“I was moved to tears when I first got here,” James said later, explaining that it wasn’t until she was going through her mother’s things after her death that she learned that her grandmother had earned an education degree. “So, to have it all tied into education… I just found it so moving,” James said. “I also have this piece of art from my grandma, when she was 12 years old, and it was 1915. And I think about, when she made that, (women) didn’t have the right to vote. It’s hard to even imagine what that’s like.”
Marjorie Schuett, a volunteer with the League of Women Voters, was asked to register voters at the event. “Well, today is an important day, obviously,” Schuett said, adding that she had just come back from visiting suffrage exhibits in Washington, D.C., where she had a memorable conversation with a Lyft driver.
“This very lovely young man… was asking me what I had done that day,” Schuett recalled. “I told him that I had been at many of these suffrage exhibits, and he thought for a minute and he said, ‘I’m sorry. I’m ignorant about this. You mean there was a time when women couldn’t vote?’”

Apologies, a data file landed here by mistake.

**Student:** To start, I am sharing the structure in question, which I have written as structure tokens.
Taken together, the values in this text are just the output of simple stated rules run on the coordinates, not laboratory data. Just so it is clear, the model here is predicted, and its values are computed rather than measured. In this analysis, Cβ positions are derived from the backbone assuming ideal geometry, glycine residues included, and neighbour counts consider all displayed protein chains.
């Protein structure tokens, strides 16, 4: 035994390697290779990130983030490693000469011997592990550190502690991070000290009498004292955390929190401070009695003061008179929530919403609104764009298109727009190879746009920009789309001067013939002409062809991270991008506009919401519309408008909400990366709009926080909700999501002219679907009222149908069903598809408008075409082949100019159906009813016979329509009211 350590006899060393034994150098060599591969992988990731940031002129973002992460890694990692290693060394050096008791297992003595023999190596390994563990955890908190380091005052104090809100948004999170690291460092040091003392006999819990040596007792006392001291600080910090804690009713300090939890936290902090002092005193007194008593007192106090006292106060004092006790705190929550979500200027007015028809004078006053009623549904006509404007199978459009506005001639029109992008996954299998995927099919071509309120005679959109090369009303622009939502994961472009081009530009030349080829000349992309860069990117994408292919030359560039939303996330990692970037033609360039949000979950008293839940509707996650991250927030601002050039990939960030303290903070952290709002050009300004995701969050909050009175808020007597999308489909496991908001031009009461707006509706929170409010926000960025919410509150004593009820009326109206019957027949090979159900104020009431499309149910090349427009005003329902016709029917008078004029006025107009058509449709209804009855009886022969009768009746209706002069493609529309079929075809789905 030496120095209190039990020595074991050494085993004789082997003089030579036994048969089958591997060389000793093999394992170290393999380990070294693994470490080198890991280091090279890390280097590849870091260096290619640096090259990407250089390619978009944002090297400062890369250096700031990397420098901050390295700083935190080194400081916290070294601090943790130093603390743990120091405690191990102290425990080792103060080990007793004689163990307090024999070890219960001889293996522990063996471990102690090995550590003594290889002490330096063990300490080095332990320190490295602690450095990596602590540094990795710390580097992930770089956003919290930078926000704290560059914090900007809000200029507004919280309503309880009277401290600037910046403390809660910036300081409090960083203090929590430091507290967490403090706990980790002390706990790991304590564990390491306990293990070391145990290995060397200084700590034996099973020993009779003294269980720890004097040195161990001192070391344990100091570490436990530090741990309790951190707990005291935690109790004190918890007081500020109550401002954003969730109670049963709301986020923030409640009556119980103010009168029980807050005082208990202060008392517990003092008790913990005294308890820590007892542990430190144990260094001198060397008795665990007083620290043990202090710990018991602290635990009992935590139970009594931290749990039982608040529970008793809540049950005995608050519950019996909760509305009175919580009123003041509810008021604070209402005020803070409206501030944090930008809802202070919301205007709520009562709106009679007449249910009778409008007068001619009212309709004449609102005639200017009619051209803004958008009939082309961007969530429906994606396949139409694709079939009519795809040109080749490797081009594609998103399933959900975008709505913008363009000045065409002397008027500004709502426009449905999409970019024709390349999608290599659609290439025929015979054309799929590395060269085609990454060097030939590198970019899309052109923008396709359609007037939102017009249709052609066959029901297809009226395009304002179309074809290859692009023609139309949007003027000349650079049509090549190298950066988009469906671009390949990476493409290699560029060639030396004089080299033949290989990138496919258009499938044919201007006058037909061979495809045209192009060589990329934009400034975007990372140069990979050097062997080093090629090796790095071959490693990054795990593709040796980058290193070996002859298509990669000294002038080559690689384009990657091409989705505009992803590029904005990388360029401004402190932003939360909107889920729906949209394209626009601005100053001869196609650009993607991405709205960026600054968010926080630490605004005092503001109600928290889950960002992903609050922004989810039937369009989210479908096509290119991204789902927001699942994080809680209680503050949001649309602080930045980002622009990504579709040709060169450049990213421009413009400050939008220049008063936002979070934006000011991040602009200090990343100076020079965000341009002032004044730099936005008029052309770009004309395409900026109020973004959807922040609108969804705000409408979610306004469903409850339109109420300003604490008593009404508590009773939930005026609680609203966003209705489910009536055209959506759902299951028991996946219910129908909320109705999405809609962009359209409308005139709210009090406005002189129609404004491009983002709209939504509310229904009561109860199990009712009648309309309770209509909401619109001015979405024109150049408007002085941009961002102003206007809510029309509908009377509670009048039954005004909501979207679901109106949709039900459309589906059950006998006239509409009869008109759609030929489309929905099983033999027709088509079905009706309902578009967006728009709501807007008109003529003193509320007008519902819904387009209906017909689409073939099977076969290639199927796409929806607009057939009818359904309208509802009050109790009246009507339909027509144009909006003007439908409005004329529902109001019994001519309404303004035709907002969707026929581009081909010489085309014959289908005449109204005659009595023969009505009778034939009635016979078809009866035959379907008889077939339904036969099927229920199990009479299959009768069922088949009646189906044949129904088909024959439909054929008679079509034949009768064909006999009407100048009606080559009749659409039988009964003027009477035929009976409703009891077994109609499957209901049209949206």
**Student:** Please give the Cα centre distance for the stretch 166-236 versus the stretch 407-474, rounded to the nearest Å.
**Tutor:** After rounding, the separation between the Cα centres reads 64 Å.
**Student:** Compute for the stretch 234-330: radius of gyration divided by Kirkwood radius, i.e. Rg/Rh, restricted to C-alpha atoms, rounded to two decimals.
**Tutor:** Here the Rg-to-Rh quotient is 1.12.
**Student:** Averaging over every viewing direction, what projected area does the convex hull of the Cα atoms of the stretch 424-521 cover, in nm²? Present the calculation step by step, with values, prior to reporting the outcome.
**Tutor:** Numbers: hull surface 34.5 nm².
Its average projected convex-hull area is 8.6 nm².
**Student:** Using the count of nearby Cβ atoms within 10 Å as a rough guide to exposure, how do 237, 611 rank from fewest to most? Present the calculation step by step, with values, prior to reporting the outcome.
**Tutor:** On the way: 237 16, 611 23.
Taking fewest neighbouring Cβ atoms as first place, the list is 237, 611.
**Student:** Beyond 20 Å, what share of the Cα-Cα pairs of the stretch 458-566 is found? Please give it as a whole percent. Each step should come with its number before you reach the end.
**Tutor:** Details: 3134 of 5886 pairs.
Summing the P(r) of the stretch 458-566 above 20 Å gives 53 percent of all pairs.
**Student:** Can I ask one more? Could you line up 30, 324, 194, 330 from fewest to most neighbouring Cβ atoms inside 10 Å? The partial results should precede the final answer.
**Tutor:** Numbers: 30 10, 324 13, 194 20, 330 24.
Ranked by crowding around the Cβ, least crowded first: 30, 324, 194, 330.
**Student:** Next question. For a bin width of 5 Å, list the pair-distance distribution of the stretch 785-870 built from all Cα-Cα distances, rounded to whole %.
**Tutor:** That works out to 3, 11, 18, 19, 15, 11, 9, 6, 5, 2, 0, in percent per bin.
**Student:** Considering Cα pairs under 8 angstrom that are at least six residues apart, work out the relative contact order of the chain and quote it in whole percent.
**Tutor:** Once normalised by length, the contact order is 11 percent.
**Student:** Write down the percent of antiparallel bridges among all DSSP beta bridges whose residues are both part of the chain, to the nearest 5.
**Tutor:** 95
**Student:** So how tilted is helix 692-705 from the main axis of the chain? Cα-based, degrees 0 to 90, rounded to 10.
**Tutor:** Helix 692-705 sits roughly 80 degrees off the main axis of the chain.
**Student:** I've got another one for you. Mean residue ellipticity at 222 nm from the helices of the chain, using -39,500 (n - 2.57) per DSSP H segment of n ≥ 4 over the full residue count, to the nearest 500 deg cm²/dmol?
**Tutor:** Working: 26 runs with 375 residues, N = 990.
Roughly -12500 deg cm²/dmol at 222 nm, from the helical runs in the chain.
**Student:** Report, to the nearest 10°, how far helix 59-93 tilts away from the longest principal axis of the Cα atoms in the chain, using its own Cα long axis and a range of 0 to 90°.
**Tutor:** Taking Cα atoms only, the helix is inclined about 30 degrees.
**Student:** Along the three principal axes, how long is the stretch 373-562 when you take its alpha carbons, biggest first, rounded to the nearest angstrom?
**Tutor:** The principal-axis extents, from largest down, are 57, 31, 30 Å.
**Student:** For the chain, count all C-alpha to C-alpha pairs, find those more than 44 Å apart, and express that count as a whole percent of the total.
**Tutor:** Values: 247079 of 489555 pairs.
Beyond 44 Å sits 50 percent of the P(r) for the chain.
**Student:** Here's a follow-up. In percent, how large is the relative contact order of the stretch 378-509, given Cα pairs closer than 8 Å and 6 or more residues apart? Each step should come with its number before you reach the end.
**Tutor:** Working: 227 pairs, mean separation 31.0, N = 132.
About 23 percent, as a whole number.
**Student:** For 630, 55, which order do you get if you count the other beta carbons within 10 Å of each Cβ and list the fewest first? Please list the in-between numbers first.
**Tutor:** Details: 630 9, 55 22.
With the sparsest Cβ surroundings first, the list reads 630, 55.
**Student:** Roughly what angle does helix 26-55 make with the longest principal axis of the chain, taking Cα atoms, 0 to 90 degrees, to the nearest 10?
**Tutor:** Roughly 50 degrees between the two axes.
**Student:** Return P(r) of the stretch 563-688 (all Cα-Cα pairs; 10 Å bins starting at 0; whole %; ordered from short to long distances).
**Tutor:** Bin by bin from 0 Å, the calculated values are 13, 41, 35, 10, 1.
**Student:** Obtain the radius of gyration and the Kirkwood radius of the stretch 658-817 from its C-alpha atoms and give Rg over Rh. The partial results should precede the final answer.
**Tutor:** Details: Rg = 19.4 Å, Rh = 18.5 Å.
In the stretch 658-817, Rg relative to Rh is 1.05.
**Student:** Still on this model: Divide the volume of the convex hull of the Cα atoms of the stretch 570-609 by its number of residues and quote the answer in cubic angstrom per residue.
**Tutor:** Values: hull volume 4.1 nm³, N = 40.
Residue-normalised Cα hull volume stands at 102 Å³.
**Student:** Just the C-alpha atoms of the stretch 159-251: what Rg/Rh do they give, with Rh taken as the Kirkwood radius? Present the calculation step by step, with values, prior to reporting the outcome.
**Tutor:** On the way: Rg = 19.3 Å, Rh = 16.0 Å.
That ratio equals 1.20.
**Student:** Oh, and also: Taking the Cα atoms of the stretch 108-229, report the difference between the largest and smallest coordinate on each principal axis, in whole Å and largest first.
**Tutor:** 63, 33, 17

“It’s part of this importance of talking about this and the importance of using that vote,” Schuett said. “It’s as important today as it was then, as far as I’m concerned.”
Beside Artus as she sewed was a vintage sewing box holding the stripes for her next three stops: Illinois, Michigan and Kansas. She will drive to each of the 36 state capitols on this 14-month, 17-trip endeavor. The flag will get its last stripe in August 2020, just two months before the voters — men and women of all backgrounds — cast their ballots for the next president. Artus hopes the flag might be hanging from a building in Washington, D.C., during the election.
“I want to involve as many people that want to get on this train as possible,” Artus said, noting that the 19th Amendment owes it ratification, following a “72-years-long nonviolent fight,” to people of a variety of parties and races. “I think every American can come feel good about the accomplishment of passing this amendment.”